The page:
We also used some other types of aircraft, such as a quadcopter and hexacopter (four and six rotating blades respectively) which can both be controlled very accurately on all axis, and so can be used to survey epiphytes or trees, or anywhere difficult for a biologist to reach. I never expected to be learning about aerodynamics in the rainforest, but it was an entertaining and informative experience.




p.s. apologies, that was quite a lengthy post!

Wardrobe Malfunction

(Written 29.10.2012)


Greetings Again from Silhouette Island, Seychelles.

It’s been a busy month, but the work’s been great. We’re monitoring for turtle tracks every day. The season is starting, so green turtles and hawksbills will come to our beaches and dig their nests. We’re maintaining the giant tortoise pen, and trying to visualise improvements for a new one. I’ve sketched out some blueprints that I think might be quite helpful. We’re visiting the bat caves, and setting rat traps, to protect their population. The task of disposing of these rats normally falls to me, since my boss is squeamish, and therefore has a strong aversion to anything that remotely resembles blood (which bizarrely extends to any kind of sauce).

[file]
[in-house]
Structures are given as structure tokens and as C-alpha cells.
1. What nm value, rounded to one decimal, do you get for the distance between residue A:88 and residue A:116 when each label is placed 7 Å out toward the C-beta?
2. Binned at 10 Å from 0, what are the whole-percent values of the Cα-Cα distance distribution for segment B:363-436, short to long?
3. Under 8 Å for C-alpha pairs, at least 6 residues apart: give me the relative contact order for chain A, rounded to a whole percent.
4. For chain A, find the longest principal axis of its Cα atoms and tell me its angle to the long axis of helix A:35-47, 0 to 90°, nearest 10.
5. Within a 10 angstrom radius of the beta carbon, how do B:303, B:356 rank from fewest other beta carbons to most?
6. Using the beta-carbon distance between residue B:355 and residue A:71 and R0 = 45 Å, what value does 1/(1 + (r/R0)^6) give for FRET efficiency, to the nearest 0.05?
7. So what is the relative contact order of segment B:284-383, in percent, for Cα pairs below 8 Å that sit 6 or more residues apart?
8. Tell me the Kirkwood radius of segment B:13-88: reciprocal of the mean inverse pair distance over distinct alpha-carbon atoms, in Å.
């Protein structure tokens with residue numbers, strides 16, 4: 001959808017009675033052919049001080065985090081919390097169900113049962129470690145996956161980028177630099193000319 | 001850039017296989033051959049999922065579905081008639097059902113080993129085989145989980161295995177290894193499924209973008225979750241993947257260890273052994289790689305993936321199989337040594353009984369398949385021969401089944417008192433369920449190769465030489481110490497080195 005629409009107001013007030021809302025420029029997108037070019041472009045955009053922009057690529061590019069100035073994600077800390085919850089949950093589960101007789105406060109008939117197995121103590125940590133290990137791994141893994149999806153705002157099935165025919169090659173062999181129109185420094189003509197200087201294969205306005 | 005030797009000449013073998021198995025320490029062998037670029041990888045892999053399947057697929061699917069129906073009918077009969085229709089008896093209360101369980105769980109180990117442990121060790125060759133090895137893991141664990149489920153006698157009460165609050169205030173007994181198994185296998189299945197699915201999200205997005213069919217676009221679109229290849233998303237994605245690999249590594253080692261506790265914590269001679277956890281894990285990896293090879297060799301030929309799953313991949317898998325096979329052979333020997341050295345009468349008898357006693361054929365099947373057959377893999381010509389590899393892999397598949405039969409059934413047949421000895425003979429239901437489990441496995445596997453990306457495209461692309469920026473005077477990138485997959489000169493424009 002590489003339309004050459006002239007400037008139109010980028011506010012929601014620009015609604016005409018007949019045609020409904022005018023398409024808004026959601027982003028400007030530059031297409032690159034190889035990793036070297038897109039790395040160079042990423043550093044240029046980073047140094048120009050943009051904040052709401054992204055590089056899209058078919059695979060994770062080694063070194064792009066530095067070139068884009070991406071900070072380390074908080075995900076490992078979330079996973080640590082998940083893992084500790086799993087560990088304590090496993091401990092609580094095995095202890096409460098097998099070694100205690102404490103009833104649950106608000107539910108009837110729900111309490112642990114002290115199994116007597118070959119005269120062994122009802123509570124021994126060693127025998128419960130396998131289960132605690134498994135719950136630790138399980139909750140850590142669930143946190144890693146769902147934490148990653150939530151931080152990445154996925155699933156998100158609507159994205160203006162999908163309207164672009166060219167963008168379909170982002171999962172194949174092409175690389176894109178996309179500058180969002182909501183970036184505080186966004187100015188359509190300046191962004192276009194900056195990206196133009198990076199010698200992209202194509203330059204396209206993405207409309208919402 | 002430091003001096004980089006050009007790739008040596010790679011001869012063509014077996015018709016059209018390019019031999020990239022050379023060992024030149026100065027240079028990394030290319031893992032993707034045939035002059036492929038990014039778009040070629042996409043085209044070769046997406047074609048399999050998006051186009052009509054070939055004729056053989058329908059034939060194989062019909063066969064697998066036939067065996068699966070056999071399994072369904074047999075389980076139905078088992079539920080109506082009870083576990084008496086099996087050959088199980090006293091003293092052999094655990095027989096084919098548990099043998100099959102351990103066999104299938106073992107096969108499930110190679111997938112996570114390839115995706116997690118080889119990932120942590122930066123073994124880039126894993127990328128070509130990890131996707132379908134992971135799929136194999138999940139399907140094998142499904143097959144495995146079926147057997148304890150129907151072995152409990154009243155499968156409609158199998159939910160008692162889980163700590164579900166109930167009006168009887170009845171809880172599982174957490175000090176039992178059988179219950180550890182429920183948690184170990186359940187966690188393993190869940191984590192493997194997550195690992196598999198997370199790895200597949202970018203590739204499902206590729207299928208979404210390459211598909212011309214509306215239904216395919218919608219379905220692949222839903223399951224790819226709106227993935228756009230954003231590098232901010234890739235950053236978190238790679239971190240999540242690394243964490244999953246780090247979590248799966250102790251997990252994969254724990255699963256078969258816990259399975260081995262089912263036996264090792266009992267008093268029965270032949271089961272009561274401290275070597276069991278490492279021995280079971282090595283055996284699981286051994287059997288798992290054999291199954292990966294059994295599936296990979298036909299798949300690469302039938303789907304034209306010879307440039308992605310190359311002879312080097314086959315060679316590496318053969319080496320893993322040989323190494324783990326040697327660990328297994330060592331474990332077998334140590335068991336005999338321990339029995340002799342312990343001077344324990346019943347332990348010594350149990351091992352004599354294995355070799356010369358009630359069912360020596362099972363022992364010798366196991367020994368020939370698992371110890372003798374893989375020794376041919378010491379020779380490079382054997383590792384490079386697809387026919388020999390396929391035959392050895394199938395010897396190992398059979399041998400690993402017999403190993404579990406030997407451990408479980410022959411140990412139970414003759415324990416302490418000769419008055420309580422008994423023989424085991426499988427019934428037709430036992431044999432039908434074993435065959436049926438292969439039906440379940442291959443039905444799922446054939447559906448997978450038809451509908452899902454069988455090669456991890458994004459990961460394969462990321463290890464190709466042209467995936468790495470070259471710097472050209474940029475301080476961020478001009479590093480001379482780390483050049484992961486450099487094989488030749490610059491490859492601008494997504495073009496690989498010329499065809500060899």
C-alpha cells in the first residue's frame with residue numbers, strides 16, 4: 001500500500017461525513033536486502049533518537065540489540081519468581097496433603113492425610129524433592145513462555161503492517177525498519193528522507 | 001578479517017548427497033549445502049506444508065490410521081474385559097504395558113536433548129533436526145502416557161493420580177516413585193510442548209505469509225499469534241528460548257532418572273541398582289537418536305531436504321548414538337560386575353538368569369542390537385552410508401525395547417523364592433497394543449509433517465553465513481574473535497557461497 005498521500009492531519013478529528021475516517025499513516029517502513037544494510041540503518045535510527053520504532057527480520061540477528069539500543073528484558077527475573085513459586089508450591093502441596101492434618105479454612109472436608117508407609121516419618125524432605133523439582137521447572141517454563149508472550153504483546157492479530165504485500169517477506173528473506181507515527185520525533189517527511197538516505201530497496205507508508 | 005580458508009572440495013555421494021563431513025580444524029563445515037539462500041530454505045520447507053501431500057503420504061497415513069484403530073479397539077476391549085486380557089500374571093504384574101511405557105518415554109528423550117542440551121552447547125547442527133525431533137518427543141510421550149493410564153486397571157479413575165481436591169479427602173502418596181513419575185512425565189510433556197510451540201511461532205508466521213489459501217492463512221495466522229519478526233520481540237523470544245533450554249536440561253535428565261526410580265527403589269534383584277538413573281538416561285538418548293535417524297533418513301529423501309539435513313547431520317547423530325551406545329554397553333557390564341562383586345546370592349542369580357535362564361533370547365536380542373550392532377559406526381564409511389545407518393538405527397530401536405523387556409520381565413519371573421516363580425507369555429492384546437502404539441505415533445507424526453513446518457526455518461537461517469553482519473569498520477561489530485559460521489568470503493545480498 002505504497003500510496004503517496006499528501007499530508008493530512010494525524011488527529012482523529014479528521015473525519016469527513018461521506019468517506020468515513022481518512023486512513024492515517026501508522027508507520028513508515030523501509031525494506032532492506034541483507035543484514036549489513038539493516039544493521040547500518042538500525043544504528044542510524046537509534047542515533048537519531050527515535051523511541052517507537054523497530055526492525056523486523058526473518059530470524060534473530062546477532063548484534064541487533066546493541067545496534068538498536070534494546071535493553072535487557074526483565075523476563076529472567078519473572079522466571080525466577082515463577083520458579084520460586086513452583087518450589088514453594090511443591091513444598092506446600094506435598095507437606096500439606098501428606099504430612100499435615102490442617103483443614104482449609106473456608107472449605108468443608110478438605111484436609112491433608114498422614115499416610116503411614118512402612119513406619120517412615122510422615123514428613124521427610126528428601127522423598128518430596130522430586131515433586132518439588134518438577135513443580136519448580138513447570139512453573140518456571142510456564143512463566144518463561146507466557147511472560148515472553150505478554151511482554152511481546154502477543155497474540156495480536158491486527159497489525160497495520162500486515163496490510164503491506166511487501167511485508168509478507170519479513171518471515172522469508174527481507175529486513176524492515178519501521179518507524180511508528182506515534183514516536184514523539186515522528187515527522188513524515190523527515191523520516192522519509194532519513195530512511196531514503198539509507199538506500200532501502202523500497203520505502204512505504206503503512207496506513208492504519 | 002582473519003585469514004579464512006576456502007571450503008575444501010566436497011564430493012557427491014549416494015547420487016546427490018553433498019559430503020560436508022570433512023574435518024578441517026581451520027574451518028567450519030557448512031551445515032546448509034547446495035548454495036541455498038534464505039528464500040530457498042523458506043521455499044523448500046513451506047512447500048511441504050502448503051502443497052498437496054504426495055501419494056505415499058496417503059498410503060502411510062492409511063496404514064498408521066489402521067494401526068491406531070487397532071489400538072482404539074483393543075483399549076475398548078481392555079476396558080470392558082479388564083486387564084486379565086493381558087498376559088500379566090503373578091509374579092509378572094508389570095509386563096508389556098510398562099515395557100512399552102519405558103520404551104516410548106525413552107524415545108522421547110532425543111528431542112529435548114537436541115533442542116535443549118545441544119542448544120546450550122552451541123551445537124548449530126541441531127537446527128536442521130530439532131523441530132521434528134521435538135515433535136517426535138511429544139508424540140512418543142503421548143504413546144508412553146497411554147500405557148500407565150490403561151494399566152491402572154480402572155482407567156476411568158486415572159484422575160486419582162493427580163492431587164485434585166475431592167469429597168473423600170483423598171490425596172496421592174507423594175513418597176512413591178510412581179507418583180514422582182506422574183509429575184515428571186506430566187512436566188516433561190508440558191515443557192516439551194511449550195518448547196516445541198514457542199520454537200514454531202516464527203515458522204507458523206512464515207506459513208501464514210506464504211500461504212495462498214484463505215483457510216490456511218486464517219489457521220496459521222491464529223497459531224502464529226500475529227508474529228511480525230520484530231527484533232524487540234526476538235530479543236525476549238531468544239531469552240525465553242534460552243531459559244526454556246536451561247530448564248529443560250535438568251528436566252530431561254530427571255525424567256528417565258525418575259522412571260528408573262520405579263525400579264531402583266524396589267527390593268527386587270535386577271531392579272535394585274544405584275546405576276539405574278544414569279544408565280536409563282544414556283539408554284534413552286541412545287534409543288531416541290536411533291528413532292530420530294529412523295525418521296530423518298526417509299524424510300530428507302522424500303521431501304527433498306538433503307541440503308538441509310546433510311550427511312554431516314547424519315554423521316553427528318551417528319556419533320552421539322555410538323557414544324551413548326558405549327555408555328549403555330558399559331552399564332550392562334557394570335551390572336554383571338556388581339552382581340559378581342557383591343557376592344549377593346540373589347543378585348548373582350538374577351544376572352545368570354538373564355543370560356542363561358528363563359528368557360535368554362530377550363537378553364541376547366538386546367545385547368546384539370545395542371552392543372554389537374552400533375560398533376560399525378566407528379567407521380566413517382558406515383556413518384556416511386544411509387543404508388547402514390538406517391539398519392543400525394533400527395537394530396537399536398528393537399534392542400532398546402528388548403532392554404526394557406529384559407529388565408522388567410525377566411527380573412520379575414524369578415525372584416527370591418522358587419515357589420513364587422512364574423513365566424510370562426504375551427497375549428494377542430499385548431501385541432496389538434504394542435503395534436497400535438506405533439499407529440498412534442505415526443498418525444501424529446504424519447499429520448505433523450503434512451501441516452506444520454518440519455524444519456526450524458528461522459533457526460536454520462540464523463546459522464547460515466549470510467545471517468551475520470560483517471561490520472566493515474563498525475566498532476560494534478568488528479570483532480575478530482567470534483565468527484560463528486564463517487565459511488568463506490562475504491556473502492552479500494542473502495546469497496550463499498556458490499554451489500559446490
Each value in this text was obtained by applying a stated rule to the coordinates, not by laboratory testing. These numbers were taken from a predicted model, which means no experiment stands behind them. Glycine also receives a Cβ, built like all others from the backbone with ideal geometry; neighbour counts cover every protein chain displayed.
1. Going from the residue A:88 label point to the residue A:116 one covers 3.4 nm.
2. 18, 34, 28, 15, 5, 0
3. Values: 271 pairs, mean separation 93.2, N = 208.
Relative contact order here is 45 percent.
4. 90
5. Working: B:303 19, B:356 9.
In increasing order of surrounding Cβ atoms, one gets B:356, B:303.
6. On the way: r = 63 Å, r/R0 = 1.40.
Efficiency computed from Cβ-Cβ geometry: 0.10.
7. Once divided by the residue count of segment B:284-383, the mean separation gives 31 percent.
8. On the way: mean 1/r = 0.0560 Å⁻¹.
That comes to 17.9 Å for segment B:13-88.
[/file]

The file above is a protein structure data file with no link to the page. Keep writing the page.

The last few weeks have been pretty exciting  – we’ve been accompanying a group of scientists around the island, on a search for new species, through unexplored areas. This was an amazing experience, and allowed us to see large parts of pristine jungle, away from manmade trails. I had so much fun, in fact, that it wasn’t even ruined by the fact that I had a rather serious clothing crisis, in the form of my trousers deciding to ENTIRELY FALL TO PIECES. I had so much fun, that I didn’t even mind when it started to pelt it down with rain. I had SO MUCH FUN, that it didn’t even matter that we had to navigate our way through a field of wet, slippery rocks, which generally involves you sliding down on your backside, which, when you pretty much aren’t wearing trousers, isn’t very comfortable.

Well, the last part was fairly unpleasant, but it was still amazing. Lots to look forward to now, including turtle tagging training, visiting the other side of the island (which has a beautiful beach called Grand Barbe) and the island’s talent show – ‘Silhouette’s Got Talent’, in which I will be participating!